I’ve started working on the book again–after too long a break to deal with some distractions that sucked up my time–and it feels great to be writing again. I’m happy with the progress I made last November (during my failed attempt at NaNoWriMo) and I’ve jumped back in with both feet. I’m thinking a lot of San Francisco, as this book will always feel like the city to me. That’s where I started it, and the book was a large part of why I went out there, why I stayed so long.
I’ve been thinking about riding the N-Judah line from the Sunset district toward downtown, listening to music on headphones, thinking about life and the story I was writing and how much I missed Jesse and how heartbreakingly beautiful San Francisco was. I remember watching Duboce Park slide by the windows of the train, couples lounging on the brilliantly green grass, dogs running off leash in the dog park, children scampering all over the playground equipment, the park flanked by lovely pastel houses, and I always wondered what it would be like to live in one of those houses, to walk to the park and sit on the grass, whenever.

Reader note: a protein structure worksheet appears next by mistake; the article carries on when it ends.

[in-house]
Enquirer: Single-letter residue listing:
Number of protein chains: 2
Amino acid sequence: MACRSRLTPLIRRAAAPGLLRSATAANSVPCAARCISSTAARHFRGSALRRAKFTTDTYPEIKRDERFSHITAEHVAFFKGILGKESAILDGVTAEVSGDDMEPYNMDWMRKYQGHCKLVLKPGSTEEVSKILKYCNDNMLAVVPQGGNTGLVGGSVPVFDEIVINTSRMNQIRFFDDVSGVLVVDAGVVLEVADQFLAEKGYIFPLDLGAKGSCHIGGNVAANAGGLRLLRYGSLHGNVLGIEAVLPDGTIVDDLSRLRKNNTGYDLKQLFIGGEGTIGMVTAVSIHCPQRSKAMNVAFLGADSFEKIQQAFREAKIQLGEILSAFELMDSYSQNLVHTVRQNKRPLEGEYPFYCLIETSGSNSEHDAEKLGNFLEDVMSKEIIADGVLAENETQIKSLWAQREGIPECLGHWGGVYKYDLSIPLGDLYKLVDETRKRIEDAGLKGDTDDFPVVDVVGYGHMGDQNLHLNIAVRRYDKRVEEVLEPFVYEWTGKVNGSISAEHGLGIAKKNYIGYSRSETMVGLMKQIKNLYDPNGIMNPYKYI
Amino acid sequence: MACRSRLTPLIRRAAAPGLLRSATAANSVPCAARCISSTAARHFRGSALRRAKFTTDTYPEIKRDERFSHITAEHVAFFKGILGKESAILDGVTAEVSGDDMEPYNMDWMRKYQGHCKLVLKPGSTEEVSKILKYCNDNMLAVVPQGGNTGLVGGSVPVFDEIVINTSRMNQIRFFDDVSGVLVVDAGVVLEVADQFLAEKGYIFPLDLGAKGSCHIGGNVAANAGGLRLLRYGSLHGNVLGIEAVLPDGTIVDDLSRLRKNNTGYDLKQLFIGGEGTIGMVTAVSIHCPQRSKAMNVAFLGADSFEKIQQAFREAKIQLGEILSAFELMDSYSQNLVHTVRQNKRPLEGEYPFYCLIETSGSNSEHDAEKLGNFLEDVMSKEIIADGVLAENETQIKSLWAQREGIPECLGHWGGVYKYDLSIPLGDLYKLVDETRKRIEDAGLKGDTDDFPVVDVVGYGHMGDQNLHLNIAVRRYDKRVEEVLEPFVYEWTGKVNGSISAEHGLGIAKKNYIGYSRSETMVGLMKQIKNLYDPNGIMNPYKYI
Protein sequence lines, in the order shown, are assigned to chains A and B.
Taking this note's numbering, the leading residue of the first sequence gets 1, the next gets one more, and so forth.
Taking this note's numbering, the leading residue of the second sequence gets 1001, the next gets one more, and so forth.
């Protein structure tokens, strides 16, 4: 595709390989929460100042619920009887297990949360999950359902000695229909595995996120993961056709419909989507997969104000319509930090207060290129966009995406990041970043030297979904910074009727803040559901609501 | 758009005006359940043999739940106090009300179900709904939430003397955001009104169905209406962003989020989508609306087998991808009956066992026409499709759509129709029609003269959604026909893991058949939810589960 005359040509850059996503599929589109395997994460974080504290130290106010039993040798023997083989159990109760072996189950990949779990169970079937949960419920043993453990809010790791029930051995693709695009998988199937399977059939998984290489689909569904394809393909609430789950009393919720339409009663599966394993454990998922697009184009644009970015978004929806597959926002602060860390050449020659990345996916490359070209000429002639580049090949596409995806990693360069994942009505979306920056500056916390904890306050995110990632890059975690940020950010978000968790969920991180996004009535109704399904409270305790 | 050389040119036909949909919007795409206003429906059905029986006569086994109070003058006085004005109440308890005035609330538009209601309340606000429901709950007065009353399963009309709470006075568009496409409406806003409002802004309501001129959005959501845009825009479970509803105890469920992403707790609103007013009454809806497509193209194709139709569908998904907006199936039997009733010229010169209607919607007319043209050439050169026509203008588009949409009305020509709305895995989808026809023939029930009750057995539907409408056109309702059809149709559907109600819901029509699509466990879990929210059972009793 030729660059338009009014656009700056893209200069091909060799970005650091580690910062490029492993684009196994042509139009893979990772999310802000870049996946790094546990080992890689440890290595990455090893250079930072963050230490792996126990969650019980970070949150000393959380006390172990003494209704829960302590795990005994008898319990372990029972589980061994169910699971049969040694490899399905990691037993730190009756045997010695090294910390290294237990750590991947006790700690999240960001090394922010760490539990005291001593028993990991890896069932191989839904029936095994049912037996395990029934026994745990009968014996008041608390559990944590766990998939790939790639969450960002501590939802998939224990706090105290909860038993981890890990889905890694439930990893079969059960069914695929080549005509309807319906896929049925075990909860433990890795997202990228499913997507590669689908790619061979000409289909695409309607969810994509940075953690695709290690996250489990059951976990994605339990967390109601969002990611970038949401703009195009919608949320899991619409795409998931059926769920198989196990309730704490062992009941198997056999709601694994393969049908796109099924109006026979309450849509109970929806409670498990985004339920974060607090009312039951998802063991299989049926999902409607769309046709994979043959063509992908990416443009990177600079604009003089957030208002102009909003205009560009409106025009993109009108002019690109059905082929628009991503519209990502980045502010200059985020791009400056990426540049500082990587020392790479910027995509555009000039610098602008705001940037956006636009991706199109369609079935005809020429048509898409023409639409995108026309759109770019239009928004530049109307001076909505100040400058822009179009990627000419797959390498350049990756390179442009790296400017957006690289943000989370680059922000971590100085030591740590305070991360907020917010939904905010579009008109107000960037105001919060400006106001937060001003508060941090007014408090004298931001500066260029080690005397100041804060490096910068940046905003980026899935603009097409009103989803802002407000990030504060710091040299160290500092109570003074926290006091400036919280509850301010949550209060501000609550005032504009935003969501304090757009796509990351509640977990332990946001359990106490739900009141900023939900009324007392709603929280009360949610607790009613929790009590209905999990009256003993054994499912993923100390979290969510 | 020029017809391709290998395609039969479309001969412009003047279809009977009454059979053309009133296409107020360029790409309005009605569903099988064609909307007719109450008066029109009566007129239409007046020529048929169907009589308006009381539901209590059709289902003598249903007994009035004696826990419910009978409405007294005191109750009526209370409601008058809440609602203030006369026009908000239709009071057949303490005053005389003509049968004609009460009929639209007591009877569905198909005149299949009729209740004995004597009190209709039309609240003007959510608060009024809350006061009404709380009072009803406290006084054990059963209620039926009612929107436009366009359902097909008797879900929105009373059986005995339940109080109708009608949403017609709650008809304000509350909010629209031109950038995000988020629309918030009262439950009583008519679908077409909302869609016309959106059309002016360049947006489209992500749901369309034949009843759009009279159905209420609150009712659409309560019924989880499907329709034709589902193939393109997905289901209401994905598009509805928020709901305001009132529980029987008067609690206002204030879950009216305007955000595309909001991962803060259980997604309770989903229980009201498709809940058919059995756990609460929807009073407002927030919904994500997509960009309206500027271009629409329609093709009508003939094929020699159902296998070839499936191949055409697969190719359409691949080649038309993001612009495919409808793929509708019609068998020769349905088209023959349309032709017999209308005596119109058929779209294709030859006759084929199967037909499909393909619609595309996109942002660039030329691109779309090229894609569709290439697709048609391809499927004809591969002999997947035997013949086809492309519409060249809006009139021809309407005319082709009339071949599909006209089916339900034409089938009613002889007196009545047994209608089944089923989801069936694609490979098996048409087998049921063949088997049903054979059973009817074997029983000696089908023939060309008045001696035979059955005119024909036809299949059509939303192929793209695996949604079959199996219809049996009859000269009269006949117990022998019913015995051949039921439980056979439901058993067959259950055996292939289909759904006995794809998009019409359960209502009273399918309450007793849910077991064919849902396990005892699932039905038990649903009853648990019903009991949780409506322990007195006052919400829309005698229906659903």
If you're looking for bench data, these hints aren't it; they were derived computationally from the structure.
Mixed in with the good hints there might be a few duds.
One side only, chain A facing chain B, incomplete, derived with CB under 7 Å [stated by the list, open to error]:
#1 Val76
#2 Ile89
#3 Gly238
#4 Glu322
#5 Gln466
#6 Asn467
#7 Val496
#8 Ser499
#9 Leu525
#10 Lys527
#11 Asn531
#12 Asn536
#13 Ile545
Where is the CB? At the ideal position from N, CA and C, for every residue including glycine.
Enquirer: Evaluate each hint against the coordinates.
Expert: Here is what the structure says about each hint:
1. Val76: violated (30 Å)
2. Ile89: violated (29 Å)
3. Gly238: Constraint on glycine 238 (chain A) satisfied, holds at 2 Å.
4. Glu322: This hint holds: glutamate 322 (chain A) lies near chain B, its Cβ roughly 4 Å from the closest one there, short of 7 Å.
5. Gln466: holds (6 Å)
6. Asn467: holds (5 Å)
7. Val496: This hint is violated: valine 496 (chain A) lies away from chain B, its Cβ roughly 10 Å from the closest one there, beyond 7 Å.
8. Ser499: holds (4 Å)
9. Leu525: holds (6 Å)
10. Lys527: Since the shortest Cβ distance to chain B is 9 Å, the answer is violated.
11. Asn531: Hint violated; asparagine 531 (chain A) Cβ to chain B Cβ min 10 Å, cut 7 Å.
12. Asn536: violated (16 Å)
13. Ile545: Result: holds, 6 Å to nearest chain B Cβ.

If you look up Duboce Park on Google maps, your view of the park itself will be blocked by the train, but you can spin the view around to Noe Street, where my sister-in-law Becki and I walked from the Castro to catch the N line back home. It was cold that evening, as we walked in the shade of lovely old houses and lovely old trees and dreamed about moving out here. We just missed the train, so we sat on a bench in the park as the sun got lower in the sky and the wind grew a little colder. Becki was wearing a huge red and black “Cruella de Vil-ish” coat she’d brought because she couldn’t wear it in Florida, and she was warm. We’d just been to see Billy Elliot and had eaten dinner at a fancy place in the Castro, where I’m sure people thought we were on a date. It made us laugh–the whole thing, the coat and the date and missing the train and the cold wind.
That evening, we quickly changed out of our dresses and into jeans and sweatshirts and caught the N-Judah out to the beach to watch the tail end of the sunset. Becki ran into the water, soaking her feet in the rowdy Pacific, and when we went back to my apartment it was dark. She left the next morning, and I was alone again, writing every day, catching the train downtown to visit Chinatown or to wander the Ferry Building or to try my first In ‘N Out burger at 3:00 p.m. on a weekday. Every time, passing Duboce Park–and it always seemed sunny there in that little park, not long before the train dipped underground and sped away.
There are memories like that, resurfacing, as I continue working on this project, as I dig up images and smells and sounds and try to translate them into words on a page. It’s a lovely process, writing this book, and I wonder at times what on earth made me neglect it so long. No matter now–I’m back.